Be brutally honest.
This phrase has been asked of me more than once in the past couple of days.
My son writes a song to woo a girl. He shares it with me, asking, “Should I send it? What do you think of the song?” I answer candidly without a lot of delicacy and I can sense this is not the answer he hoped I’d give. An hour passes and he sends me an updated version, “Be brutally honest. I really want your opinion.” Oy. Brutally honest didn’t seem to go over very well an hour ago. I like this version of the song better but timing is everything and for reasons I explain to him, I think this is not the time to serenade her. He takes it well, seems grateful for my viewpoint that had not occurred to him, and we both seem to leave the conversation unscathed.
That same day my daughter is finishing writing what seems like dozens of supplements to college applications and wants me to help edit. She has been working diligently for a few days straight and now she’s ready to share. I have been patiently waiting in the wings for this moment and am excited to see what she has written. I have visions of a few minor edits that I will help her make, and the thrill of pressing send together by the end of the afternoon.
And then come the dreaded words. “This is very important. This is for college, Mom, and I need you to be BRUTALLY HONEST with me. Don’t hold back.”
This time the phrase conjures up an image of a big booby-trapped pit opening up under my feet, replacing the firm ground that was under me a second ago, when I was minding my own business … Be brutally honest.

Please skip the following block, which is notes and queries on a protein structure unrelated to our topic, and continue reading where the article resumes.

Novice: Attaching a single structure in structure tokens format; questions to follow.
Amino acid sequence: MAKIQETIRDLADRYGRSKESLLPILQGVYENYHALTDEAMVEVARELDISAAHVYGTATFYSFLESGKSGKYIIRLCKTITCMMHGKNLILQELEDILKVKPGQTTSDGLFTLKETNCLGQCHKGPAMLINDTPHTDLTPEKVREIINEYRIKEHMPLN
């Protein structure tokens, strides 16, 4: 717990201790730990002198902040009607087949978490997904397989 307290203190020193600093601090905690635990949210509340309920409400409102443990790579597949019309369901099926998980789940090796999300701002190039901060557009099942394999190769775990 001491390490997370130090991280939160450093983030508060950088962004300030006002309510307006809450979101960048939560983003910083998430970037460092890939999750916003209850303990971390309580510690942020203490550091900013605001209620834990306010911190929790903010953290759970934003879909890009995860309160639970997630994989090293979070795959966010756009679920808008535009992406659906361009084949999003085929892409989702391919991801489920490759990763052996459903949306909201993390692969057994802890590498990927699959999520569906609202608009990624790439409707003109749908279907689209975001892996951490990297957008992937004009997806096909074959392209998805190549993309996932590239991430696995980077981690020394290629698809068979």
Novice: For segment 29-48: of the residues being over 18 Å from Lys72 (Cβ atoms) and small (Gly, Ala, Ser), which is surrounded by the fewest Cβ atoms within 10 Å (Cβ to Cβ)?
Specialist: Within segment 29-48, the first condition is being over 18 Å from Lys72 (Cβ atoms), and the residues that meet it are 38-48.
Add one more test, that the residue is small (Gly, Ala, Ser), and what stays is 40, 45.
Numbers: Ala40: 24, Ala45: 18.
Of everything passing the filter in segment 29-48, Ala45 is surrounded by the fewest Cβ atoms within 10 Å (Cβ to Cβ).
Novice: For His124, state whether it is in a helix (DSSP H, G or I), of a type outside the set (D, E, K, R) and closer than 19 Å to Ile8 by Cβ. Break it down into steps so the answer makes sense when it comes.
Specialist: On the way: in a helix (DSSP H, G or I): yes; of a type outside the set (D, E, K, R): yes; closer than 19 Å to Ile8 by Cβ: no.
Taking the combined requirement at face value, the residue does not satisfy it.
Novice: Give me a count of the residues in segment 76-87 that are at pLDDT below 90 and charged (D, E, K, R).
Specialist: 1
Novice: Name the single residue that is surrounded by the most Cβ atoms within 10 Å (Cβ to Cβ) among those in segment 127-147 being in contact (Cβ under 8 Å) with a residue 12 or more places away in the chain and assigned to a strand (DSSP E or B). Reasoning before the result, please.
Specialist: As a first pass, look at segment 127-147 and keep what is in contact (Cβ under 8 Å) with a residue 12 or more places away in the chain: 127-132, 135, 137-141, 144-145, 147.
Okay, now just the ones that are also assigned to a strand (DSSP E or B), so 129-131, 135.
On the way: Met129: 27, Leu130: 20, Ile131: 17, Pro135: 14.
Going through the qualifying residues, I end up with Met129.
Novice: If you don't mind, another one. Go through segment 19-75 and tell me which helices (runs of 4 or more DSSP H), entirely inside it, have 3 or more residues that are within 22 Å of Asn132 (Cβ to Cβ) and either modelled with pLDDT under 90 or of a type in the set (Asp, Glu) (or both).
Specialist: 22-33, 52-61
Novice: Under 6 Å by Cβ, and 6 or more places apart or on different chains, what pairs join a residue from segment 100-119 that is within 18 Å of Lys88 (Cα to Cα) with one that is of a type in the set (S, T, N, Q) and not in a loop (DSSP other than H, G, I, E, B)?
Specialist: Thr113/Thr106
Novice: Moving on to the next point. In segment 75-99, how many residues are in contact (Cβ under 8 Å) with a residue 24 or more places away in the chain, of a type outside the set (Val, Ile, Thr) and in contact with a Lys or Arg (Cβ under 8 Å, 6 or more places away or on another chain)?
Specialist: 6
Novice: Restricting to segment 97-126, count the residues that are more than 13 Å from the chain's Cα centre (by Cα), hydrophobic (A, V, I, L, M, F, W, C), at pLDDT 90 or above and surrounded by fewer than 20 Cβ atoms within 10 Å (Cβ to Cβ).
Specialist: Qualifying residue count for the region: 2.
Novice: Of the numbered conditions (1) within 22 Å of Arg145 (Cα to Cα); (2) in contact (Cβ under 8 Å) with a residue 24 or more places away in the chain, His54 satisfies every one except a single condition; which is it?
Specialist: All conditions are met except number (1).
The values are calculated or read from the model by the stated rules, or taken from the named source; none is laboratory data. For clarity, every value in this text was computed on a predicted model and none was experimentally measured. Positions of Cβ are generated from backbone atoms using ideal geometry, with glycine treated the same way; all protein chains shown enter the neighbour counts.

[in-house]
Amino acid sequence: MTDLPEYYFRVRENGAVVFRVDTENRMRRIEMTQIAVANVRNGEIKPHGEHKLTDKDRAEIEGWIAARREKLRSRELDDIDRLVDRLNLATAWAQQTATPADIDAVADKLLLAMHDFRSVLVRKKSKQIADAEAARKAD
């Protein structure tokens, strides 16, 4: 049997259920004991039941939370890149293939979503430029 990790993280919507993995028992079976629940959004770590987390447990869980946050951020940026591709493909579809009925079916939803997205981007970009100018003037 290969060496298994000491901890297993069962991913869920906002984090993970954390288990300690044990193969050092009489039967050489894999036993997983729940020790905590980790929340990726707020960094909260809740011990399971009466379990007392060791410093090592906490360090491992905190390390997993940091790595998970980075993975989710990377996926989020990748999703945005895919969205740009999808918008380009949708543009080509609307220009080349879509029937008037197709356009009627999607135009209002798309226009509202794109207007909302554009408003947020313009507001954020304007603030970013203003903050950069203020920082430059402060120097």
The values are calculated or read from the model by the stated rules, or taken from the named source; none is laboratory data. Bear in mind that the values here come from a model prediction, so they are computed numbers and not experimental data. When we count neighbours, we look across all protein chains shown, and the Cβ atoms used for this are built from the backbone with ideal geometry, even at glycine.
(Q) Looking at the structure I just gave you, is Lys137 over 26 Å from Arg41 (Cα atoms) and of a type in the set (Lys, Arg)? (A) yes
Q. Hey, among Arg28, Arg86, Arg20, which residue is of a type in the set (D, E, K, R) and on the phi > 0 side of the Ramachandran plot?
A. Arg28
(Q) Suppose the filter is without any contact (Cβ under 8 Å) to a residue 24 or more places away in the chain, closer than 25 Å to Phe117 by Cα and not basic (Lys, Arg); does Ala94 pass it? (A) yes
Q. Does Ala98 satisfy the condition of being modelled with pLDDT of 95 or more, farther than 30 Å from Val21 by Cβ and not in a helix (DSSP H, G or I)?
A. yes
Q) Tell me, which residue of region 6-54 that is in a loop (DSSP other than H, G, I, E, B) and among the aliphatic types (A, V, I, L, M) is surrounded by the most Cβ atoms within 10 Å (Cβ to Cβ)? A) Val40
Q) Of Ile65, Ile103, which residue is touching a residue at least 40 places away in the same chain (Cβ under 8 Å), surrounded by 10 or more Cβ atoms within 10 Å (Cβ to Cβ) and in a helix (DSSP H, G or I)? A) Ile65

I should have known better after all of these years of listening to her essays. But she is very convincing. These supplements actually do matter, after all.
So I fall for it.
And I’m brutally honest.
I want to be finessed with my feedback but how can one be finessed and brutally honest? I want to be subtle and sensitive. But how can one be subtle, sensitive and brutally honest? How honest are my children being by saying that they want me to be brutally honest?
What proceeds is not pretty. I’m given the third degree. “Why do you feel that way, Mom? Do you understand what I am saying? Tell me what you think I am saying. Am I answering the question? Are you sure? But if I do it your way it won’t be mine. ”
My mind is screaming, Danger! It’s a trap! Retreat!
I apologize. Say, “I misunderstood. It’s fine. It’s actually good. It should definitely be your words.” Fight or flight. I desperately seek an exit. Let me out of here!
I get in return, “That’s worse! You don’t like it! You hate it!”
Did I say I hated it? I don’t think I said that…
“So now you’re lying? How can you let me send something that isn’t good?”
Okay! Memories of similar scenarios are now coming back to me. Right. This is the predictable time in the conversation where I get personally attacked.
The arrows are flying at me from deep within the pit that I’m falling down.
After several rounds of this, a few exhausting hours later, we both need some space. I retreat to my own sanctuary as the barbs are still flying around me.
I use a life line to phone a friend. I ask the friend what he thinks of being brutally honest. He quietly reflects for a moment and proclaims that it’s not his style. He is consistently honest but sees no reason to ever be brutally honest. Nothing good comes from putting it all out there. And it’s hard to return from that place once you have. Wise man. Where was he a few hours ago?
All sounds quiet from the living room, where my daughter and I were ‘collaborating.’ I slowly crawl out of my hiding spot to see my child once again working diligently and quietly.
“Hi, Mom! I edited them using your suggestions. Thank you so much. I like them so much more now. I’m really sorry I yelled at you. I promise not to do that again. Want to hear them?
Tell me what you think.
Be brutally honest.”